It was the site of the largest pig market in Middlesex, founded in the late 17th Century. Pigs would be fattened on grain left over from London's gin distilleries before being sold on to London butchers. In the 19th Century the market declined in importance and was only held once a week, and towards the end of the century was reduced to occasional auctions.
From the earliest days, the market had a reputation for squalor and immorality. The notorious highwayman and burglar Jack Sheppard was held at the George Inn on Market Place following his fourth arrest whilst disguised as a butcher.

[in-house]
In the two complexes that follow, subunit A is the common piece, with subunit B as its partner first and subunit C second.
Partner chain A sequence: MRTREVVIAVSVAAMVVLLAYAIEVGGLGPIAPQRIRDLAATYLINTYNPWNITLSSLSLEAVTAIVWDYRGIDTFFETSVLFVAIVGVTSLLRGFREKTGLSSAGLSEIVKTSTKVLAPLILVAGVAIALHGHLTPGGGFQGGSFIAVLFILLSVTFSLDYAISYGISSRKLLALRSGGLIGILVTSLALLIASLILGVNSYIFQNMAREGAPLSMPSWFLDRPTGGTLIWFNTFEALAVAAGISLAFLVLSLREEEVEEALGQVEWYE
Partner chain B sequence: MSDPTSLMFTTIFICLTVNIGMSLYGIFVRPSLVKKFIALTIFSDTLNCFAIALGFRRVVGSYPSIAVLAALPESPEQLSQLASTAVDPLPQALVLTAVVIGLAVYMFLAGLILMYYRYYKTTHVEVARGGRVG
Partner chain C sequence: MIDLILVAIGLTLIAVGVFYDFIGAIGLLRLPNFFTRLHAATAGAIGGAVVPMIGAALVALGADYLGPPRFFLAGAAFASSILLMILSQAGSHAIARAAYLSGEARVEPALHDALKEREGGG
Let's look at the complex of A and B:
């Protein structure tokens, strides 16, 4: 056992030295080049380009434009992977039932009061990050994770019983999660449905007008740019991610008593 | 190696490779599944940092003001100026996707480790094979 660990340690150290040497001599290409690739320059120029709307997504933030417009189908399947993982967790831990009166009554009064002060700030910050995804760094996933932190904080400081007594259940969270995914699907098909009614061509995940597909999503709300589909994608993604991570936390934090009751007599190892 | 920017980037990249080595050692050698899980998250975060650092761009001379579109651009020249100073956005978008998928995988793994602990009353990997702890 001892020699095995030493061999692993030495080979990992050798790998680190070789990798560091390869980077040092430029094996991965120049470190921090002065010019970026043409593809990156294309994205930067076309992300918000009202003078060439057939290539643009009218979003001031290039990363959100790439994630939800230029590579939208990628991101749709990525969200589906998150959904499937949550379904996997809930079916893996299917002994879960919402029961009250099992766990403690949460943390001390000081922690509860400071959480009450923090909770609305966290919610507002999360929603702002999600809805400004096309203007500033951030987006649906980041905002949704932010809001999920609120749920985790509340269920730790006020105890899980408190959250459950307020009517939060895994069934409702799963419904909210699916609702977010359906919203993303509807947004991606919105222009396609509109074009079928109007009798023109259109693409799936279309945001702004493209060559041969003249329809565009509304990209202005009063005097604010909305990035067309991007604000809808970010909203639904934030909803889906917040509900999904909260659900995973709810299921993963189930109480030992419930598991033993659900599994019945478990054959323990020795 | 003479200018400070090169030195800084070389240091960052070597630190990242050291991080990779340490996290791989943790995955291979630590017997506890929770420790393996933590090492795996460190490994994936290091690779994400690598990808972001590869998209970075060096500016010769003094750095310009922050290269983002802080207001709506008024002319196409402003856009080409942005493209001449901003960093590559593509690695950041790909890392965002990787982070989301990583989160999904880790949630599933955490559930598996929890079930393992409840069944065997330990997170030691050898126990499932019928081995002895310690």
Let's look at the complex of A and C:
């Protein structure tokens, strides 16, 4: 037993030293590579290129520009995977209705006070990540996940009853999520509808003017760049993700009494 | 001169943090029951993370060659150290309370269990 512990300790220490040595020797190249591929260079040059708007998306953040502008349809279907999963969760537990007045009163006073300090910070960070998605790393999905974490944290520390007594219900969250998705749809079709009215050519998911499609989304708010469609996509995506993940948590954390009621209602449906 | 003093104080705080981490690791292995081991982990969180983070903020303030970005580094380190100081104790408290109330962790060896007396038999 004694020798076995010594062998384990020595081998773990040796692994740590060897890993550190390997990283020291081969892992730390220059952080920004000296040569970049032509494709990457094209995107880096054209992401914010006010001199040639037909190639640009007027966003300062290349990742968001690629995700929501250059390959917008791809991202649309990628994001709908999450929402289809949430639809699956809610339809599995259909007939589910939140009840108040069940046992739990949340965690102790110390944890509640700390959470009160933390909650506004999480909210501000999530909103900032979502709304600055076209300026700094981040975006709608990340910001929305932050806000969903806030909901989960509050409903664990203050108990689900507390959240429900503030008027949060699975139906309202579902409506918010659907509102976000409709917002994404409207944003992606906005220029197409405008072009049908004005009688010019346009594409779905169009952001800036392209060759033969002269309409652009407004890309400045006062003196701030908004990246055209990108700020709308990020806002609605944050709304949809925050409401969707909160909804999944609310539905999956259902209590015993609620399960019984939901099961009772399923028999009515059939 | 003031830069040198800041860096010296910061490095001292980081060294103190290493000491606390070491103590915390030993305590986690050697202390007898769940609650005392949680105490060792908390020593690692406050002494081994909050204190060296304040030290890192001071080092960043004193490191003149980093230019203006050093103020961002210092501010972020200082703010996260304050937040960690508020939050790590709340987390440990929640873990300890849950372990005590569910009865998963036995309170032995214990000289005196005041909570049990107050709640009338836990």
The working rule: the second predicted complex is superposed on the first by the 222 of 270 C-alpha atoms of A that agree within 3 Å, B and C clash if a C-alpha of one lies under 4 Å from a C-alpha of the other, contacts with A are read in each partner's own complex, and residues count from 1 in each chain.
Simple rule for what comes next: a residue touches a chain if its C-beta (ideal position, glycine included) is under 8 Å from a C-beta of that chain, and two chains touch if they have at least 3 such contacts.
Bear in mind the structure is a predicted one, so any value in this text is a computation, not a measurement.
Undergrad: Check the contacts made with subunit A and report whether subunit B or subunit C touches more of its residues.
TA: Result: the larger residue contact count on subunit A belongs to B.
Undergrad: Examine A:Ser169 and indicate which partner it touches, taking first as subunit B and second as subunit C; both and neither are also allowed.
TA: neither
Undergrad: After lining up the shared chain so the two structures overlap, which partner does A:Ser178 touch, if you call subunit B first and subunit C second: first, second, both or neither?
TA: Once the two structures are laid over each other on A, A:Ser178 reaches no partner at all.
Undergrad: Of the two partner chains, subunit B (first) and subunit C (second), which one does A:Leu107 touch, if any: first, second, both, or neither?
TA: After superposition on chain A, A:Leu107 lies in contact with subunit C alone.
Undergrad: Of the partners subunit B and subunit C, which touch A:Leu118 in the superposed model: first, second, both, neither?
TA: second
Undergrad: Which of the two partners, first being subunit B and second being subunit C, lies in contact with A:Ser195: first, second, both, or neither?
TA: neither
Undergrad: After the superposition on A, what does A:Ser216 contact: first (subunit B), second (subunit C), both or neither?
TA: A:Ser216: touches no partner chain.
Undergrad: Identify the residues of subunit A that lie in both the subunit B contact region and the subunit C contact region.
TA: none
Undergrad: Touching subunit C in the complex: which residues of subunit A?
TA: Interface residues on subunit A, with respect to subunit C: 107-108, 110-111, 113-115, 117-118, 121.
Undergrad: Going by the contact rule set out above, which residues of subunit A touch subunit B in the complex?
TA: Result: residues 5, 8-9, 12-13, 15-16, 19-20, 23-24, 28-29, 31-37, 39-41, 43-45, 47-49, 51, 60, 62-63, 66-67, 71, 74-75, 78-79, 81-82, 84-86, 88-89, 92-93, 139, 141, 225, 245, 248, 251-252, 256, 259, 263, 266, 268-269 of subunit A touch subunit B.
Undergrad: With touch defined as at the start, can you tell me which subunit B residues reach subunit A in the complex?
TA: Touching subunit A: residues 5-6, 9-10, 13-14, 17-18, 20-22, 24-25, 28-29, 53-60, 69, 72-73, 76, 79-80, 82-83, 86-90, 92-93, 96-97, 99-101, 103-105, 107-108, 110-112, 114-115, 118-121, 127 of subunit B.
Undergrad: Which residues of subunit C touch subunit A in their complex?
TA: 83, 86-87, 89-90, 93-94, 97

Following heavy bombing during World War II the market was extensively rebuilt, with most of the shops closing. The last shops closed on the street in 1973, and the only commercial premises remaining is a single pub, The Duke of Cambridge. However, the area maintained its association with pig farming well into the 20th Century, with a herd of 25 pigs kept on nearby Prospect Place as late as 1955.
No trace of the market now exists other than the road name.